To the general public, including the sophisticated and well-heeled, enjoying art is inevitably associated with a public “art shrine” like a museum. This kind of experience typically involves hushed voices, aching feet, putting on one’s “serious face” and, often, waiting in long lines. Doesn’t sound very appealing, right? Much has been written about art museums and the strange and even deadening effect they have on artworks. Often, museums take art out of its intended context (Elgin Marbles, anyone?) in which it may not be enjoyed or appreciated in the best way. Perhaps a particular piece of art belongs in a church (as an expression of devotion) or in a beautiful home (to display the owners’ illustrious family history). Lots of art will be better enjoyed in proper surroundings, in spaces where people live, work, eat or worship. Most art will ‘read’ better in a space where there isn’t that much competition for our gaze or where the context enhances the impact of the work. An exhibition hall in a museum will inevitably include many other works that were put together not because they enhance each other’s impact. Rather, art works are often installed in proximity to each other for pedagogical purposes. They are supposed to help us learn something about the development of one artist, for example, or how artists who worked in the same context relate to each other in their work. Imagine what your home would feel like if this would be your system of furniture selection. Your living room would display sofa after sofa of historically or stylistically related pieces.
Of course, one can easily understand the logic behind museums. They execute the core mission of aggregating, displaying and preserving cultural highlights that belong to all of us. They create the narrative of what our cultural history consists in – of what is important and valuable and what isn’t. They display the cultural history we have all inherited and the visual culture of the day. They do all that while being accessible to the public. This is a tall order. No wonder that viewing art in a museum is not the best context in which to view it.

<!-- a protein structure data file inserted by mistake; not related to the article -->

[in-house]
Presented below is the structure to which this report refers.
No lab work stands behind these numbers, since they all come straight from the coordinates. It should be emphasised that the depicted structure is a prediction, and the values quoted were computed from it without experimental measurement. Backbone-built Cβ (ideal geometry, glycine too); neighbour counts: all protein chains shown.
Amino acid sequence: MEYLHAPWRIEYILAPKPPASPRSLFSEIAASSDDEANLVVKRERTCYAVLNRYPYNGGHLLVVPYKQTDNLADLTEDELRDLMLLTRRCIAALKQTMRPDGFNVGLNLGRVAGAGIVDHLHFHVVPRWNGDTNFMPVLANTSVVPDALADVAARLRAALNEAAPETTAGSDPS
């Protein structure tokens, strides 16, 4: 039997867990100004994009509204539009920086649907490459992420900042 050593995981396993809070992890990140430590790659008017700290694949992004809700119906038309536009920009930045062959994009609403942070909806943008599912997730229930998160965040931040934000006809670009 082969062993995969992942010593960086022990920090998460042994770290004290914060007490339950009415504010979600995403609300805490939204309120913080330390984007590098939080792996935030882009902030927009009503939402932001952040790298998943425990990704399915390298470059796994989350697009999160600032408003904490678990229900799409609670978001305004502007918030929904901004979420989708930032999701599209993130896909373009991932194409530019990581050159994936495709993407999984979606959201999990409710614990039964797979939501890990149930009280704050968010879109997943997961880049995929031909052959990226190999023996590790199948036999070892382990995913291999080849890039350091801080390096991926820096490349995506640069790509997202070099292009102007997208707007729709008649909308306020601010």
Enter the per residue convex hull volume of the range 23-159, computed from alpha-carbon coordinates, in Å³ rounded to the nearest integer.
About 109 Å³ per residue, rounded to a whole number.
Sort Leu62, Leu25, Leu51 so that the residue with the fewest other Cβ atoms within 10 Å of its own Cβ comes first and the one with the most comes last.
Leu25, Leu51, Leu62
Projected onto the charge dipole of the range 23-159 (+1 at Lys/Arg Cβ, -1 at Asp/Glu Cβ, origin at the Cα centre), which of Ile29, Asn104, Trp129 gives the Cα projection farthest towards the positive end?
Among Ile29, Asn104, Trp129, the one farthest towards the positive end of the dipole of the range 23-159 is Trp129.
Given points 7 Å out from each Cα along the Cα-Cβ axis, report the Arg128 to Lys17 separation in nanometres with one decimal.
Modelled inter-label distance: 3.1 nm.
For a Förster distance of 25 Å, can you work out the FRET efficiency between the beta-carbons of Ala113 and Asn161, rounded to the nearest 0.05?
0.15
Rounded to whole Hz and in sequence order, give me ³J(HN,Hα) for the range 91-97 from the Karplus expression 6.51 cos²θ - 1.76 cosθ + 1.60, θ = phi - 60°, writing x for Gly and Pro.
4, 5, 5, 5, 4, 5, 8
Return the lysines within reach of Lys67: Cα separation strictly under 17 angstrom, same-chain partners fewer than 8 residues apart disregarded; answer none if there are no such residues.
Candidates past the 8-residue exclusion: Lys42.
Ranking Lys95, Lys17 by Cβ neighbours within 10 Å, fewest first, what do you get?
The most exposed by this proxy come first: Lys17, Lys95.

The beauty of ancient cities and towns is made stunning due to publicly available art works. As you sip your espresso in Florence, you are sitting across the piazza from major art displays. You kneel at a small church in Tuscany under the gaze of a Piero Madonna. More and more, major US cities have been integrating art in public spaces – both outdoors and indoors – to the delight thousands of people every day. Often people climb on them, bathe in them, lie underneath them etc. You may be passing by one such work every day on your commute to work, inevitably registering changes in its appearance on different days during different seasons. Yet, most of us believe that art is not for our workplace or home. In contrast to this widely held belief, art will enhance our businesses, our homes, the hotels we frequent and the train stations we use on a daily basis, by entertaining, challenging or surprising us. Art humanizes the spaces we inhabit by expressing or projecting values, ideas and feelings that ranging from humility, generosity, a quest for power to vulnerability, fear and anger. The list is as long and varied as our ability to conceive and to feel.
At Lazar Art Advisory, we help identify the art that will fit your needs and your budget from a deep local and global network of artists in various stages of their careers.